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How to detect the Log4j vulnerability in Java projects for free with Contrast Security's CodeSec

How to detect the Log4j vulnerability in Java projects for free with Contrast Security's CodeSec

Log4j is a popular Java logging tool with a critical cybersecurity vulnerability that gained global attention in December 2021.  The U.S. Dept. of Homeland Security’s Cyber Safety Review Board stated in a recent report that it is one of the most serious vulnerabilities seen in years. Because of the popularity of the Log4j tool with Java developers, the problem is an “endemic vulnerability” for the software industry, according to the board. Luckily, we can identify this log4j security vulnerability in Java projects at no cost with the fastest and most accurate free scanner in the market, CodeSec by Contrast! 


1. Get CodeSec to Detect Log4j Vulnerability

For this walkthrough on how to begin to detect Log4j vulnerabilities, we will use both CodeSec and a demo of the Log4j exploit. The first step is to get CodeSec onto your machine.  Contrast Security has great instructions on our Developer Central hub for getting started with CodeSec, but we will review the process here as well.


a. Install CodeSec

As of August 2022 Contrast Security offers three options for installing CodeSec: Homebrew for MacOS, NPM for any operating system running newer NodeJS versions and binaries through Artifactory.

For this example we will be using NPM:
Run Command: npm install -g @contrast/contrast

NPM Install

Pro tip: Running the command contrast help will show you the usage guide if the install has gone successfully.

Pro Tip


b. Authenticate

Authentication is needed to access Contrast Security’s enterprise-class cybersecurity services through CodeSec. You can use your existing Github or Google account to authenticate.

To authenticate, run the command contrast auth


A tab will then open in your browser, asking you to finalize your authentication by connecting with your existing Google or GitHub account.

Google Github

Note: When completing the authentication steps for the first time, your command line may disconnect and output a message stating that the authentication session has timed-out. But do not worry! By re-running the command contrast auth, a new browser window will open, and this time when the initial path chosen to authenticate (GitHub or Google) is clicked, the window will immediately redirect to the Success page, and your terminal will output an “Authentication successful” line.

Contrast Auth

Screenshot 2023-06-27 at 4.35.18 PM

Now that CodeSec is set up to use locally, the next step is to get a demo of the Log4j vulnerability.


2. Log4j vulnerability

The NIST National Vulnerability Database’s page on the Log4j vulnerability has a wealth of resources about this security concern, including links to demo projects with example code implementing the vulnerability.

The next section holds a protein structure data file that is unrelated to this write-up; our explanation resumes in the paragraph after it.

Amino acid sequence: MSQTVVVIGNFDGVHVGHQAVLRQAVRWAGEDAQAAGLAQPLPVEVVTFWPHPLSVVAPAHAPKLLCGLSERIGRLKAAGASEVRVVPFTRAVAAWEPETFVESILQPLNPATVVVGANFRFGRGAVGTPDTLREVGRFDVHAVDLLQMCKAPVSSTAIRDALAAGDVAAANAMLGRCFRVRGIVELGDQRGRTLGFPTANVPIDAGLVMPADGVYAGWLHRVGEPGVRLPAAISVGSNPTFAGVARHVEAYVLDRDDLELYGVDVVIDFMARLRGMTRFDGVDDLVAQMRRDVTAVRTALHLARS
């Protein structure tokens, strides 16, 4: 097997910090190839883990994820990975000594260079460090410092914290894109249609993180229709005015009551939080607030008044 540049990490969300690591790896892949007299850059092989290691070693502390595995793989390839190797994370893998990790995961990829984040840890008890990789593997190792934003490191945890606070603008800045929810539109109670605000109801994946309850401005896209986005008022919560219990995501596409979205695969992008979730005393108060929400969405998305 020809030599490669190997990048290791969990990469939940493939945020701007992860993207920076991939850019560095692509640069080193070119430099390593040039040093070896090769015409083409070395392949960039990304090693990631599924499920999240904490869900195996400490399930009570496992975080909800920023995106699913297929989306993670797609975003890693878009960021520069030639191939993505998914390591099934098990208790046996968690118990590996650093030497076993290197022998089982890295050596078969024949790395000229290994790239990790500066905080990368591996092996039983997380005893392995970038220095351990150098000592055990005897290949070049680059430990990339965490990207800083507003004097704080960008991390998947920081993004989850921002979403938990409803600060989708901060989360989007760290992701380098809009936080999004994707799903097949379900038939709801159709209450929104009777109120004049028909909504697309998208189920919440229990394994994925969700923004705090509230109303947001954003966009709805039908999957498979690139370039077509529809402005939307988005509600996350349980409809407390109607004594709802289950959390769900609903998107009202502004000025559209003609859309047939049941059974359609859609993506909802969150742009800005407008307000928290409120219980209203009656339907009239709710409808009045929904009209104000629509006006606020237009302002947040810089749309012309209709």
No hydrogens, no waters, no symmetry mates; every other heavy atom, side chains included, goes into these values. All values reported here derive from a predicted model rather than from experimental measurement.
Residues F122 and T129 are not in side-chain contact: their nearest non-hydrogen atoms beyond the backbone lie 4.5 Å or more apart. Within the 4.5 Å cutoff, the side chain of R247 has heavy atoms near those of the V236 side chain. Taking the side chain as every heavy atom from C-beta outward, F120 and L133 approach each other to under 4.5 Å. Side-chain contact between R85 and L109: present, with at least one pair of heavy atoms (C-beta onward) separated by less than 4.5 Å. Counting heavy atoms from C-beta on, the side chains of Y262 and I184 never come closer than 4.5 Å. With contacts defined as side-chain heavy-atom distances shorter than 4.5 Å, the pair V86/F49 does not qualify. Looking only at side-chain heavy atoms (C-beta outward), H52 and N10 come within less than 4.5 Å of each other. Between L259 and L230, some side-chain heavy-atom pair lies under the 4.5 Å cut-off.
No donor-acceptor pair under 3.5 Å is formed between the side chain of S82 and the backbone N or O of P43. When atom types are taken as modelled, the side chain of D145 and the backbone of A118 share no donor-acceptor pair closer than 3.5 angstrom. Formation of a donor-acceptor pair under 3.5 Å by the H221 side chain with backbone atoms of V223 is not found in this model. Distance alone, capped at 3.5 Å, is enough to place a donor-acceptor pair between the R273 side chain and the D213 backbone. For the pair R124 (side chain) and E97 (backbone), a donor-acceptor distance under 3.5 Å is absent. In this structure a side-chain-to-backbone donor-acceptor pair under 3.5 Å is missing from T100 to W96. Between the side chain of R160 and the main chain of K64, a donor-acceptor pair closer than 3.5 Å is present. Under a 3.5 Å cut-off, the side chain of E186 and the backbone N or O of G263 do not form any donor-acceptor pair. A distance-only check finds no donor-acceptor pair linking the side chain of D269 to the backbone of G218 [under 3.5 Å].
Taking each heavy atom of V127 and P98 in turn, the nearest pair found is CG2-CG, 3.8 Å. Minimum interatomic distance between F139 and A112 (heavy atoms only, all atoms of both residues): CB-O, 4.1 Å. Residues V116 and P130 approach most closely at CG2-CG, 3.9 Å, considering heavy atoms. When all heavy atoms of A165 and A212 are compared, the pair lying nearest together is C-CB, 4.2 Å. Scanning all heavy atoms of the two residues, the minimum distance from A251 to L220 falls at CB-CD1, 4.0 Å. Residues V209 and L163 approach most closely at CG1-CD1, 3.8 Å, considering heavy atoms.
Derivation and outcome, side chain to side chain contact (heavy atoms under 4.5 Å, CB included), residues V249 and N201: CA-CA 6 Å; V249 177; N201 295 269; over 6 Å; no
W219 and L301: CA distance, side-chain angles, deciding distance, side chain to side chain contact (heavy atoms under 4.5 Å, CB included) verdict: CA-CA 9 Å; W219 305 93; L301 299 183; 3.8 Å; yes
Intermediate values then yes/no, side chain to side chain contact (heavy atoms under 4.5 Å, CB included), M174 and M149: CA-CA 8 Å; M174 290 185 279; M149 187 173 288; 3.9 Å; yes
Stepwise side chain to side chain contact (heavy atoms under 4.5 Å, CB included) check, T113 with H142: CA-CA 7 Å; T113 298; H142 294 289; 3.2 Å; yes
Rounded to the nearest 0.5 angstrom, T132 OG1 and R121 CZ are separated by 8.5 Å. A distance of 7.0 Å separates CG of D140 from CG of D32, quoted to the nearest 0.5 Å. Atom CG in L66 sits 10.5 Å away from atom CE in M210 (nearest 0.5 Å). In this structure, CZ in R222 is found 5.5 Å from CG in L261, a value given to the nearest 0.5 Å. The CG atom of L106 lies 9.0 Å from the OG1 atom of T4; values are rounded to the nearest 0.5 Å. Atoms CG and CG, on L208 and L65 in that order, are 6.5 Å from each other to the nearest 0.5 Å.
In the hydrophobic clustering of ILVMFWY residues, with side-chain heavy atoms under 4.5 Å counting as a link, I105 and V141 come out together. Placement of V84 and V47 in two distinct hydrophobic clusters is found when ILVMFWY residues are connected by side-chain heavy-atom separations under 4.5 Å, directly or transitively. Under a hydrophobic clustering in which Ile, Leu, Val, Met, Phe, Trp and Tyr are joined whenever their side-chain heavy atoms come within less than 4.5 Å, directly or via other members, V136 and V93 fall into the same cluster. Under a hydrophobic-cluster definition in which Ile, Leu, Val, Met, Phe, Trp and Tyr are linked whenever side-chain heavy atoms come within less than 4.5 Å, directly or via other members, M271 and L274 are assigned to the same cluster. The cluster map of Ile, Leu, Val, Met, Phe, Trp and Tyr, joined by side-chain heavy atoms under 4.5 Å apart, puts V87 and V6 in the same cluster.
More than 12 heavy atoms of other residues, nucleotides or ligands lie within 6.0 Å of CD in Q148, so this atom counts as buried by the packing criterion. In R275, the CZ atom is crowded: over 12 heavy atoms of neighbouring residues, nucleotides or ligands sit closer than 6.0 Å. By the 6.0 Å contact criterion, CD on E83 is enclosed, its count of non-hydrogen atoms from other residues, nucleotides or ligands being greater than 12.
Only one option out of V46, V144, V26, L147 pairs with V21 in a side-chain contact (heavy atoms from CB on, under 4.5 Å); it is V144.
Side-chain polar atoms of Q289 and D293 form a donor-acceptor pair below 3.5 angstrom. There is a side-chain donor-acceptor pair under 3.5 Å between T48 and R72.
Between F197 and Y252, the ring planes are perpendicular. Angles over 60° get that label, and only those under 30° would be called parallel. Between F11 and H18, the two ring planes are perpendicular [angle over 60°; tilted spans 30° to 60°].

One linked project is the “Apache Log4j2 2.14.1 Remote Code Execution” project from Packet Storm (available here).  It is a very minimalist proof of concept project that includes vulnerable versions (in this case, 2.14.1) of the Log4j libraries as Maven dependencies in the project’s pom.xml file.

Once you have the project downloaded and unzipped locally, you can check it for vulnerable third-party dependencies.  In our case, we are concerned with using vulnerable versions of Log4j.

Utilize CodeSec by Contrast to secure those vulnerable libraries by running the command: contrast audit

Contrast Audit

As described, this simple command from CodeSec detected the vulnerable versions of Log4j defined in our project. Additionally, it lists the specific vulnerability codes (which we could look up in the NIST NVD database for more details), and it gives advice on how to make the project more secure by upgrading the versions of Log4j used.

Contrast Security also has an entire online portal dedicated to the Log4j vulnerability problem.  There you can find more resources, whitepapers and information about all the other tools Contrast Security offers for detecting, handling, and remediating your Log4j vulnerability risks.



CodeSec gives developers an expert tool that handles the chores of searching Java projects and detecting Log4j vulnerabilities and other exploits while staying up to date on the latest developments in cybersecurity research.  It is a highly valuable and free utility that can improve a team’s software development practices.

Jacob Mages-Haskins, Staff Software Engineer, Contrast Security

Jacob Mages-Haskins, Staff Software Engineer, Contrast Security

Jacob is a software engineer with decades of experience. He lives in New England with his family and enjoys reading, gardening and the outdoors.